A Life in Music: Sara Chiesa
Thursday, June 27, 2013
A Life in Music: Sara Chiesaby Gillian Ellis
Sara Chiesa is currently finishing up a D.M.A. in Collaborative Piano at Florida State University, but like many young people, she was not happy at the prospect of her first piano lesson. She says, “I cried on the day of my first piano lesson. I did not want to go. My mom said I had to try it for three months and then I could quit if I wanted to. After the very first lesson, I knew that it would not be my last.”
Sara attended Fraser High School and graduated from OU (as Sara Young) with a B.M. in Piano Performance in 2007. Her piano teacher was Mary Siciliano, whom Sara is quick to credit with playing a major role in building the foundation of her success. “Every single lesson that Mary Siciliano teaches is focused and extremely productive. She insisted on holding at least one studio class (often two) each week so that we could all perform our pieces regularly; she was willing to give me extra lessons whenever I needed to get ready for an audition or competition. Mary re-taught me some of the most basic piano technique including playing scales. Regardless of my lack of technical facility at the keyboard back then, Mary recognized my potential. She put great energy into me as a student, and without her, it is absolutely certain that I would've crumbled long ago and given up on this career. To this day, almost 10 years after I had my first lesson with her, she is still the very first person I call after any audition and after I hear of the outcomes. She was the first person I called after being offered the contract from Virginia Opera.”
That contract is for Sara’s current position as Emerging Artist Apprentice Coach with the Virginia Opera. It will give her the opportunity to music direct two outreach productions, Jack and the Beanstalk and Pinocchio's Sister, as well as to play for concerts throughout the year. She will also coach the emerging artist singers on their solo repertoire.
Sara first began to work on these collaborative piano skills at Bowling Green State University (M.M. ’09), where Christopher Scholl, the coordinator of voice and opera, gave her opportunities to music direct and coach singers in opera scenes and even one-act operas. Mr. Scholl says, “I gave Sara opportunities because of her enthusiasm for singers and vocal repertoire, as well as the potential I saw within her. She took each opportunity and ran with it.” Sara was offered a position on the faculty at BGSU as an opera pianist/coach the first year after graduation.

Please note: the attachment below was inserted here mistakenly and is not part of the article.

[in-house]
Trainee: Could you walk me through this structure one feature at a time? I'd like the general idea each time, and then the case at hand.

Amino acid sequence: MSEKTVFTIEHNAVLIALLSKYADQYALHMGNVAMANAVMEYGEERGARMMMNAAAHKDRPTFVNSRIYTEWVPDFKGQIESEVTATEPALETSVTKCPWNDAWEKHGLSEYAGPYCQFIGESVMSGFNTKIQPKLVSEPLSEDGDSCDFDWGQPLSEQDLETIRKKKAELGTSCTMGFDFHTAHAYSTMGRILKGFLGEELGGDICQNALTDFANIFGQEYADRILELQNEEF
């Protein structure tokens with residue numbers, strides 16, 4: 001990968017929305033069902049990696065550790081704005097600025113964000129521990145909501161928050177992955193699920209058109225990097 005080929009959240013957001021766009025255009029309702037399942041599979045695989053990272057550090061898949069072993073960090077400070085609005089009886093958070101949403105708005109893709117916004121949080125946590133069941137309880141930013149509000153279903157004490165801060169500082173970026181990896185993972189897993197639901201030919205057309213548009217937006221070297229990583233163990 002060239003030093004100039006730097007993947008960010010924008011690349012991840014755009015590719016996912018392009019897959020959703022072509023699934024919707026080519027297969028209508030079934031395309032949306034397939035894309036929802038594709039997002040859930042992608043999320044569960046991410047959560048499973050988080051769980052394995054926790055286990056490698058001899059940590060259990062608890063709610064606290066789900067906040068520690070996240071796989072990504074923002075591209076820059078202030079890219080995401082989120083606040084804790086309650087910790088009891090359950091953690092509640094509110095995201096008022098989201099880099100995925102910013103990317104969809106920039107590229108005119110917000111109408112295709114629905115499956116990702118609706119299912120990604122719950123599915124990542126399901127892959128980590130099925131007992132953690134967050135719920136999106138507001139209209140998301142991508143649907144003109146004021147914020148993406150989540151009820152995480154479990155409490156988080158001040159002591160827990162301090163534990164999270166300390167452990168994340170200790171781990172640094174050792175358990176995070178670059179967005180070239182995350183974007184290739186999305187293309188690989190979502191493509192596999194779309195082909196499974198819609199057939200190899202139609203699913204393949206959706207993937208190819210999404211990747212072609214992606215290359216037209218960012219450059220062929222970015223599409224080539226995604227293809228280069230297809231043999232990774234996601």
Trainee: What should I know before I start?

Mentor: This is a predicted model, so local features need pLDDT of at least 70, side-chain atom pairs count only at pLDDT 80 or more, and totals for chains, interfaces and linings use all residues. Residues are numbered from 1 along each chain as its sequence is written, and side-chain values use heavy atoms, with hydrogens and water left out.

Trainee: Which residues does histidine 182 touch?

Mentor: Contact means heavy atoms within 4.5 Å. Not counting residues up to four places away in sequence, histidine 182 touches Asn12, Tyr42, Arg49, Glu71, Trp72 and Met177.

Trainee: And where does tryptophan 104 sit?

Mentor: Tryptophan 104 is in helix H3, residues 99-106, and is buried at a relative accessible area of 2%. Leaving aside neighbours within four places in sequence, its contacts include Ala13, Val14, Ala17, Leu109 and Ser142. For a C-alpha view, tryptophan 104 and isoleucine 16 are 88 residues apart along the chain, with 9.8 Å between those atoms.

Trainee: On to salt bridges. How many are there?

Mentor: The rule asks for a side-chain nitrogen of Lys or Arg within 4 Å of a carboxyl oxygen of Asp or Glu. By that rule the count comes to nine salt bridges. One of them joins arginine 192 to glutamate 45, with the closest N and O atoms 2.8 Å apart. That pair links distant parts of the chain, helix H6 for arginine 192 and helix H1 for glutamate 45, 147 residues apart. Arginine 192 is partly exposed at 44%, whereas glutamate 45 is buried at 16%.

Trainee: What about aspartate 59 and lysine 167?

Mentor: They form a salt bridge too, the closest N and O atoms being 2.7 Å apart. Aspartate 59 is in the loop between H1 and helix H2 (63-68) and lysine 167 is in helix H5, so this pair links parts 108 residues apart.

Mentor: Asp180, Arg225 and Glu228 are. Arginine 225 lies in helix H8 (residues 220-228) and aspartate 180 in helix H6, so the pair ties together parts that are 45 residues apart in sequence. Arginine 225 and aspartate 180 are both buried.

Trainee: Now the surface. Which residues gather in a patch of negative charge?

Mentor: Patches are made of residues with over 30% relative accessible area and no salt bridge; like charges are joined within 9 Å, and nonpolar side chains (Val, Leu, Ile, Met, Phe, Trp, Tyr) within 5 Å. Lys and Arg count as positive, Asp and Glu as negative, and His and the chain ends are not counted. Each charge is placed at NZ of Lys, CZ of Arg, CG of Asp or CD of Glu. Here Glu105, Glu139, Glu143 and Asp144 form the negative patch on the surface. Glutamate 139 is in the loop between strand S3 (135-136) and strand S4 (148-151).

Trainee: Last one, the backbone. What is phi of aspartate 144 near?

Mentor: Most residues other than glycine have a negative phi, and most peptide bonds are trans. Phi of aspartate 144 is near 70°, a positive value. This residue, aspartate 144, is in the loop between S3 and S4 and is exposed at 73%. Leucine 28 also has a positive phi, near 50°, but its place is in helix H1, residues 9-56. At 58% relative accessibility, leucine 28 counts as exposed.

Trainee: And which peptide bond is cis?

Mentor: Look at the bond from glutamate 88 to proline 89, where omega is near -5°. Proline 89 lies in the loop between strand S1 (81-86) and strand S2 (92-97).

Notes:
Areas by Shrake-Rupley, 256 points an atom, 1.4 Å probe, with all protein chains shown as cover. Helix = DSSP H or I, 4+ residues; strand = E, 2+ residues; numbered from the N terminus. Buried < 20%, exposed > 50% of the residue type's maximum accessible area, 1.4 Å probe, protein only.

Once she began work on her D.M.A. at Florida State, Sara acted as répétiteur for opera rehearsals, which means she would play piano for the main stage rehearsals ahead of the orchestra’s involvement. She says, “It was intense because at Florida State the head conductor attended every rehearsal. It was good for me because it gave me my first real opportunity of following a conductor. I had conducted the orchestra pit several times from the piano in various musicals, but I had never followed a conductor on a podium.” At Florida State Opera she worked as répétiteur for productions of Orphée aux enfers, Eugene Onegin, Così fan tutte, and Massenet’s Le Jongleur de Notre Dame.
Sara is happy to have found her niche, which she thinks is coaching singers, and OU played a role in that too. She took a linguistics class as a general education requirement and it intrigued her so much she was even tempted to switch majors. She says, “It is a very neat thing because I'm in a career that blends music and linguistics perfectly: a vocal coach. In addition to English, we are required to have a solid understanding of Italian, French, and German, with working knowledge of Czech, Spanish, and Russian. I speak Italian, and I am conversational in French with a working knowledge of the others.”
The final requirements of Sara’s D.M.A. are well in hand. She will give a lecture recital in September and defend her treatise on the evolution of the role of the piano throughout French Cabaret Music on the first weekend of October. After her season at Virginia Opera she would like to work in opera houses for a few more years, continuing to coach singers. Her ultimate aim, she says, would be to move to Italy to work as a vocal coach and perhaps also to teach English as a second language.
Wherever her life in music takes her, we feel sure Sara will remain connected to her OU roots because of the vital formative lessons she learned here. She says, “Recently, Mary [Siciliano] was invited to Florida State University as a guest lecturer because of her impressive credentials as a pre-college piano pedagogue. It was very special for me to have her in Florida, and I was able to show her my office and my school. After her public masterclass, several FSU students came up to me and asked incredulously, ‘She was your former teacher? How amazing. You are so lucky!’ Without a doubt, I know that they are right.”
The OU Music program is proud to have such a highly regarded teacher as part of its faculty and equally proud to have such a hardworking and successful alumna representing it in the world of music. Brava!
You can see and hear Sara play piano in this YouTube clip: Apparition for Soprano and Piano by George Crumb.
Photo by Rio Scafone.